(16) |

for appropriately chosen constants and . defines the average over absolute values of changes in , similar to the diffusion coefficient in Fokker-Planck theory. Measurements of the diffusion coefficient in swarm systems were reported in Yates et al. (2009) and Hamann et al. (2010), which show low values for and with a peak at . With defined by Eq. 16 we have symmetry again () and hence the extension of Eq. 9 is simply

(17) |

### 4.3 Available and unavailable methods

Note that the recurrence is a trigonometric or cubic function based on Eq. 8 or Eq. 10, respectively. Thus, it is much more difficult to be handled analytically and a concise result as for the Ehrenfest model (Eq. 3) cannot be obtained. When applying nonlinear equations for we enter the domains of nonlinear dynamics and chaotic systems with all their known mathematical intractabilities. Hence, in general we have to rely on numerical methods.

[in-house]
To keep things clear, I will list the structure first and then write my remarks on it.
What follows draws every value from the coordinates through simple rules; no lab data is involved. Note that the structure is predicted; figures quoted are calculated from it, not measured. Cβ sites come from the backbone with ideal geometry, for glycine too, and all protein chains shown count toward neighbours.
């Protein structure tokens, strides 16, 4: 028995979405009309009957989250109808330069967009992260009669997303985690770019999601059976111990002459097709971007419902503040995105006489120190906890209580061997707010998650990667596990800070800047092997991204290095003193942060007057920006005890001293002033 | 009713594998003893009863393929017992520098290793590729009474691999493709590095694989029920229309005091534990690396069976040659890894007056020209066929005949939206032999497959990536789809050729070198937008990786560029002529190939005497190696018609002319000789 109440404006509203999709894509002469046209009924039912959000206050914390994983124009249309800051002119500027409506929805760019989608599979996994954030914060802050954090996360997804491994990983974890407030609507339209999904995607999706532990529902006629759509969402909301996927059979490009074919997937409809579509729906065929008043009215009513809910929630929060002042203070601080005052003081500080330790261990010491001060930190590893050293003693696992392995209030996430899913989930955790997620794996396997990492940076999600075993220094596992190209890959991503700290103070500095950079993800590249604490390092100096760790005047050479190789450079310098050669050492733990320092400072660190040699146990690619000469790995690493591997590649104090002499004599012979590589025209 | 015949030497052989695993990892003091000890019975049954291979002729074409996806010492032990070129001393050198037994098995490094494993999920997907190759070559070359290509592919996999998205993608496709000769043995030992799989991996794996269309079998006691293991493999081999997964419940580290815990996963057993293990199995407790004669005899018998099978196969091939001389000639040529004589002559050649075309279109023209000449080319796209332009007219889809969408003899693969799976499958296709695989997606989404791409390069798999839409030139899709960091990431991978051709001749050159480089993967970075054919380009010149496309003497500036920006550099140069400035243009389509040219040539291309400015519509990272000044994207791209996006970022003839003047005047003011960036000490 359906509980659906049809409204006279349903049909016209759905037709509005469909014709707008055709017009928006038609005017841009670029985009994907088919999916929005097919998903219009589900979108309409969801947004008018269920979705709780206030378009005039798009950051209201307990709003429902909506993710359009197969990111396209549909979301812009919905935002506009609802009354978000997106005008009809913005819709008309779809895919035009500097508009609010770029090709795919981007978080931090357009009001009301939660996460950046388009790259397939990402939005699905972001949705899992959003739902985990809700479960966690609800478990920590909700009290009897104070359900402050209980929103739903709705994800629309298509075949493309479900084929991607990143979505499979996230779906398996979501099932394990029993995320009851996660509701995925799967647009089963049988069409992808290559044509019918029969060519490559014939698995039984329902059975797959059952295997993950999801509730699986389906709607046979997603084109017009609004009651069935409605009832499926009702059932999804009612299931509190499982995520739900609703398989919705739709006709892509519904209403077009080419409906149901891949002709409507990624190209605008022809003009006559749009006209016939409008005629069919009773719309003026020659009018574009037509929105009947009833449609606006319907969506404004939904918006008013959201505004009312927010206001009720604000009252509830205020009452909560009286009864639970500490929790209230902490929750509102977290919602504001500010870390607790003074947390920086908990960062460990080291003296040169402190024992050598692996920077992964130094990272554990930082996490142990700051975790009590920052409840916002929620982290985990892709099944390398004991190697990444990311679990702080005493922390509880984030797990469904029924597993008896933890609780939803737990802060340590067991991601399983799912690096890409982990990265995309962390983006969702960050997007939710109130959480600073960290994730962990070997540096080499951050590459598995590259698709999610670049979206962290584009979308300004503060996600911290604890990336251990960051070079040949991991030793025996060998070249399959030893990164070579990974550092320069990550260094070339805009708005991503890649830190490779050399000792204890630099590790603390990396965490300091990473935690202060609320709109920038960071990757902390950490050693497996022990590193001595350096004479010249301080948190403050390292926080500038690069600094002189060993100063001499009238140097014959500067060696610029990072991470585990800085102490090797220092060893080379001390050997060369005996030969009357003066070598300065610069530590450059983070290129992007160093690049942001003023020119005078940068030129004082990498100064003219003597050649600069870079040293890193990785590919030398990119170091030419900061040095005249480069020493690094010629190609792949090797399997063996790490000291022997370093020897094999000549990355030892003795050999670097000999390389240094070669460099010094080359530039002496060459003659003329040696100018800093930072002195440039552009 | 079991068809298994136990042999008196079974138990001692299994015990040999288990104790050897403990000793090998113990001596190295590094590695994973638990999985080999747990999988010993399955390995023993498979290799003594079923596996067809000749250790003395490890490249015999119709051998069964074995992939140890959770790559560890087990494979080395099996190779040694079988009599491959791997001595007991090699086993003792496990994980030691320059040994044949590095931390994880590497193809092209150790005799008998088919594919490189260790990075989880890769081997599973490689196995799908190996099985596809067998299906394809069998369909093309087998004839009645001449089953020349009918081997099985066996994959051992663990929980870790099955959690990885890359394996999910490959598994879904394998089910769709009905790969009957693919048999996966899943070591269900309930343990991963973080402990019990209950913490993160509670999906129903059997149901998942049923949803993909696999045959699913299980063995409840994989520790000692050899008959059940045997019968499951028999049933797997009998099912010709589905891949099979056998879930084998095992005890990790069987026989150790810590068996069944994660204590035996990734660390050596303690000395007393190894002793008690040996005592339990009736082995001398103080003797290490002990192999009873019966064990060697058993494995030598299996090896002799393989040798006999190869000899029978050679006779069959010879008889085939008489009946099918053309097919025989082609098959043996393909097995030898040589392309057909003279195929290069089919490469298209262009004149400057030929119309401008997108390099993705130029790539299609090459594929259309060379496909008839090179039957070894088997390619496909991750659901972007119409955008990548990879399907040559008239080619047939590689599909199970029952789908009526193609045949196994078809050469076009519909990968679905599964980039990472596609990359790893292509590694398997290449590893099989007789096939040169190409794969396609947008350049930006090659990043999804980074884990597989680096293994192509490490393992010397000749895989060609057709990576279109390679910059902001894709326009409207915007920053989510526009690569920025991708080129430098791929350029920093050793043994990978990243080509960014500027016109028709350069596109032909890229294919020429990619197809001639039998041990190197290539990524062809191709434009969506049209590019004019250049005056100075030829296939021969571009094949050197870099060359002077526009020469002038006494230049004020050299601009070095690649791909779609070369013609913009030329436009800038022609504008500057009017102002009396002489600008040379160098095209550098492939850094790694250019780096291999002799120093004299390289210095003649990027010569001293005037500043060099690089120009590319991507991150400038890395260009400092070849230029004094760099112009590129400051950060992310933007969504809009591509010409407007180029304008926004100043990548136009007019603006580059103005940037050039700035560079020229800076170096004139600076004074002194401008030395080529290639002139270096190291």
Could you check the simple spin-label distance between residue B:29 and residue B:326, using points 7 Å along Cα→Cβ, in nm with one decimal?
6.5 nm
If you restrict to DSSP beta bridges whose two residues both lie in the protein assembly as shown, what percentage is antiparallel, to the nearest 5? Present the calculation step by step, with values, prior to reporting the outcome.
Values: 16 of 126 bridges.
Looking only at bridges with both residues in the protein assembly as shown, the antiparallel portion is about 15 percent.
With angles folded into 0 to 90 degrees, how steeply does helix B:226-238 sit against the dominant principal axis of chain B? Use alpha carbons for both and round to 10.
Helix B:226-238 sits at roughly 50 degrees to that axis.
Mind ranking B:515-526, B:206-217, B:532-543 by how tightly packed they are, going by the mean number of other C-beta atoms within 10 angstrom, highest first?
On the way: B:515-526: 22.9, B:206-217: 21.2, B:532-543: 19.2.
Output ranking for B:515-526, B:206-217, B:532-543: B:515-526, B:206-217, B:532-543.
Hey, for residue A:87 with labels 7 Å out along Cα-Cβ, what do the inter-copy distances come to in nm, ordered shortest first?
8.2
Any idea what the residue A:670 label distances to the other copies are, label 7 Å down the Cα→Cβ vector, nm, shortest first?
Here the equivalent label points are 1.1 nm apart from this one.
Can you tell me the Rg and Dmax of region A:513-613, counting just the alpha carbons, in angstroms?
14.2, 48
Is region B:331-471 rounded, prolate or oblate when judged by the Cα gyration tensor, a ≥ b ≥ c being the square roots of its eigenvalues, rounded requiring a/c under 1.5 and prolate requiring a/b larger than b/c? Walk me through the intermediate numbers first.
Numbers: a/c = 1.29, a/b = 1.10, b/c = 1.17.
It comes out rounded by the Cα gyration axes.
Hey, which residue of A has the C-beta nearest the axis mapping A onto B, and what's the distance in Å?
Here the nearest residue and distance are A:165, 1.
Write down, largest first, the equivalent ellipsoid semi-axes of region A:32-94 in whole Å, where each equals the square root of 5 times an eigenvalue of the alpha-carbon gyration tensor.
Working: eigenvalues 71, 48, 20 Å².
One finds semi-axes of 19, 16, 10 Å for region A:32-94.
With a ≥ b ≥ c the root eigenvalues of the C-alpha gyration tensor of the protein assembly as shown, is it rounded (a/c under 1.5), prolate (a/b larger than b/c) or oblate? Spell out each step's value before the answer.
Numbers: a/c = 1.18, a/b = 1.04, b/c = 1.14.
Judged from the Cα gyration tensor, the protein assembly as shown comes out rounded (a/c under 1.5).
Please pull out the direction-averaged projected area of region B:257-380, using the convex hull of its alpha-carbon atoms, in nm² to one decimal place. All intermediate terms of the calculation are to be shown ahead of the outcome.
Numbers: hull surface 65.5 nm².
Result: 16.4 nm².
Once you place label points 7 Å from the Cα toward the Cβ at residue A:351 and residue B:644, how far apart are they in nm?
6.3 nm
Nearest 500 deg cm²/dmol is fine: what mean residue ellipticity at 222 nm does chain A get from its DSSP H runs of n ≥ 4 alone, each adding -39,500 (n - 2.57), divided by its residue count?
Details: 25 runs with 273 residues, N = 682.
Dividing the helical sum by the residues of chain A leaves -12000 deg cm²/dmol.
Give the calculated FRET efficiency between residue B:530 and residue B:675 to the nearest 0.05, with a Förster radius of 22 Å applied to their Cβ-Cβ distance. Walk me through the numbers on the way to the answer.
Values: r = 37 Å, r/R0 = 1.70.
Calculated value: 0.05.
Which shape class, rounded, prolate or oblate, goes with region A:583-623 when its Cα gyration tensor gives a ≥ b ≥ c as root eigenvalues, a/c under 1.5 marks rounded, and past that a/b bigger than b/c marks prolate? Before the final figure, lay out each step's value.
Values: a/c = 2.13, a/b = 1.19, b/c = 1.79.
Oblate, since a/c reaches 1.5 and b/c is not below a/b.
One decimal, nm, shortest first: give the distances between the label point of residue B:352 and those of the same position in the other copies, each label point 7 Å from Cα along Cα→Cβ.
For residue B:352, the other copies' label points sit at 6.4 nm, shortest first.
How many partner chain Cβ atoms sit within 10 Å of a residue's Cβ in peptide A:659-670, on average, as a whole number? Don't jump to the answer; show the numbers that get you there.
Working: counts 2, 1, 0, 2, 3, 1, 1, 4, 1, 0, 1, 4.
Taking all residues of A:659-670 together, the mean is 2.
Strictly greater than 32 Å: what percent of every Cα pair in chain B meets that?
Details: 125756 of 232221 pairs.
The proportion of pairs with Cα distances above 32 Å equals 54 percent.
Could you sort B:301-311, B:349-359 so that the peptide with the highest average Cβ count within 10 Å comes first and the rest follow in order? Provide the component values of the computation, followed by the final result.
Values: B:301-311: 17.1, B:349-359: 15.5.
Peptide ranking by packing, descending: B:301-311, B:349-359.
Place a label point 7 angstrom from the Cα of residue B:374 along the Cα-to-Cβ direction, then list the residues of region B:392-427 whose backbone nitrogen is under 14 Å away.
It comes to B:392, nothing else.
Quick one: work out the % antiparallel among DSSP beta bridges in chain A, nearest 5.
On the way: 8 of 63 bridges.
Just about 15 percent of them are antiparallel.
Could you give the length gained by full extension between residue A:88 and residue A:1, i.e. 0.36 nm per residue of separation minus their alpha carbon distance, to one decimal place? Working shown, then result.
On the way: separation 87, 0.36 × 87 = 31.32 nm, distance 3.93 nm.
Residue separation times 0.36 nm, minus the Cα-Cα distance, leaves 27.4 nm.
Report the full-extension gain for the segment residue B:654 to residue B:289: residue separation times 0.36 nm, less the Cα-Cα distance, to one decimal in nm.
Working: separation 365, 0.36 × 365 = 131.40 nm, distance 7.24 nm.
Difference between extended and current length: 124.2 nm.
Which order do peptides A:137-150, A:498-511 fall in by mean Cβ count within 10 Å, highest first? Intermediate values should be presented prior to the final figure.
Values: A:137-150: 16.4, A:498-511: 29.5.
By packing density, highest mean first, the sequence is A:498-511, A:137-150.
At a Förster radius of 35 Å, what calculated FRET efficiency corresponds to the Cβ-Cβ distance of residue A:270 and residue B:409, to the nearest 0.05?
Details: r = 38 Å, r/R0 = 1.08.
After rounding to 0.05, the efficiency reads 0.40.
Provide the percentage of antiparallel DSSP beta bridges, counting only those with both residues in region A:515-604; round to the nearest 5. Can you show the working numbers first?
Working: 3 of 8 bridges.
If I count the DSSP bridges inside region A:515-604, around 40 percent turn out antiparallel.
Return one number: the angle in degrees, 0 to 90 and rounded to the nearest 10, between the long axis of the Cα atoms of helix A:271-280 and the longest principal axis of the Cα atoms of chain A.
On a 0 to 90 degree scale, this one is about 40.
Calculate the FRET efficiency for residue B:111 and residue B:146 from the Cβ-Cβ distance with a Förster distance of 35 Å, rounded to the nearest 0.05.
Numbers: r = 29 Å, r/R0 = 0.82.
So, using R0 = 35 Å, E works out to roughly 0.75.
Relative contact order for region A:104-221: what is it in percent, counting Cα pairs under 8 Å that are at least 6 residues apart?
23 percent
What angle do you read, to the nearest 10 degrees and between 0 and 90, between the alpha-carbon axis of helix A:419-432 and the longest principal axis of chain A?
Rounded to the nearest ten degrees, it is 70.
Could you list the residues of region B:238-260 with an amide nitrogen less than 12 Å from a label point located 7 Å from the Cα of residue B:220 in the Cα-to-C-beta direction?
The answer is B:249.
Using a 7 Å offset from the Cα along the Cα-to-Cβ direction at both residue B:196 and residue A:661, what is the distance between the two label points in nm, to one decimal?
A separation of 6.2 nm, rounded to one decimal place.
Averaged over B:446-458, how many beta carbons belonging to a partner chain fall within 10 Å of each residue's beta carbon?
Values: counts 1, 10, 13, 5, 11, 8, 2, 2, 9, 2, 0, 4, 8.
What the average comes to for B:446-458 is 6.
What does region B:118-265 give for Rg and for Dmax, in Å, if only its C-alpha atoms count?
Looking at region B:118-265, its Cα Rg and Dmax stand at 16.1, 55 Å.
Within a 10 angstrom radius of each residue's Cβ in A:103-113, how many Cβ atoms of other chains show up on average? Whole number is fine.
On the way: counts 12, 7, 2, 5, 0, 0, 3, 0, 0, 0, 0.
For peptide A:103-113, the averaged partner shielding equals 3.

However, if we choose to investigate probability distributions instead of single trajectories , an interesting mathematical option is available. The steady state of the probability distribution over an ensemble of realizations of can be obtained analytically. We assume for simplicity that the current state of the collective decision system changes every step by exactly one marble. The process defined by the urn model is memoryless, that is, it has the Markov property and we can define a Markov chain with states. We define the transition matrix T of the Markov chain by

(18) |

The steady state is then computed by determining the eigenvectors

(19) |

Generally there are several eigenvectors but only one that has no changing sign in its elements (all positive or all negative) which represents the equilibrium distribution of the Markov chain or respectively.

With the steady state at hand, several methods of statistical analysis are available. As indicated by the data obtained by simulation shown in Fig. 5, the equilibrium distributions are bimodal for . Hence, it is an option to calculate splitting probabilities (Gardiner, 1985). The splitting probability gives the probability that the system initialized at will reach the state before the state . It is calculated by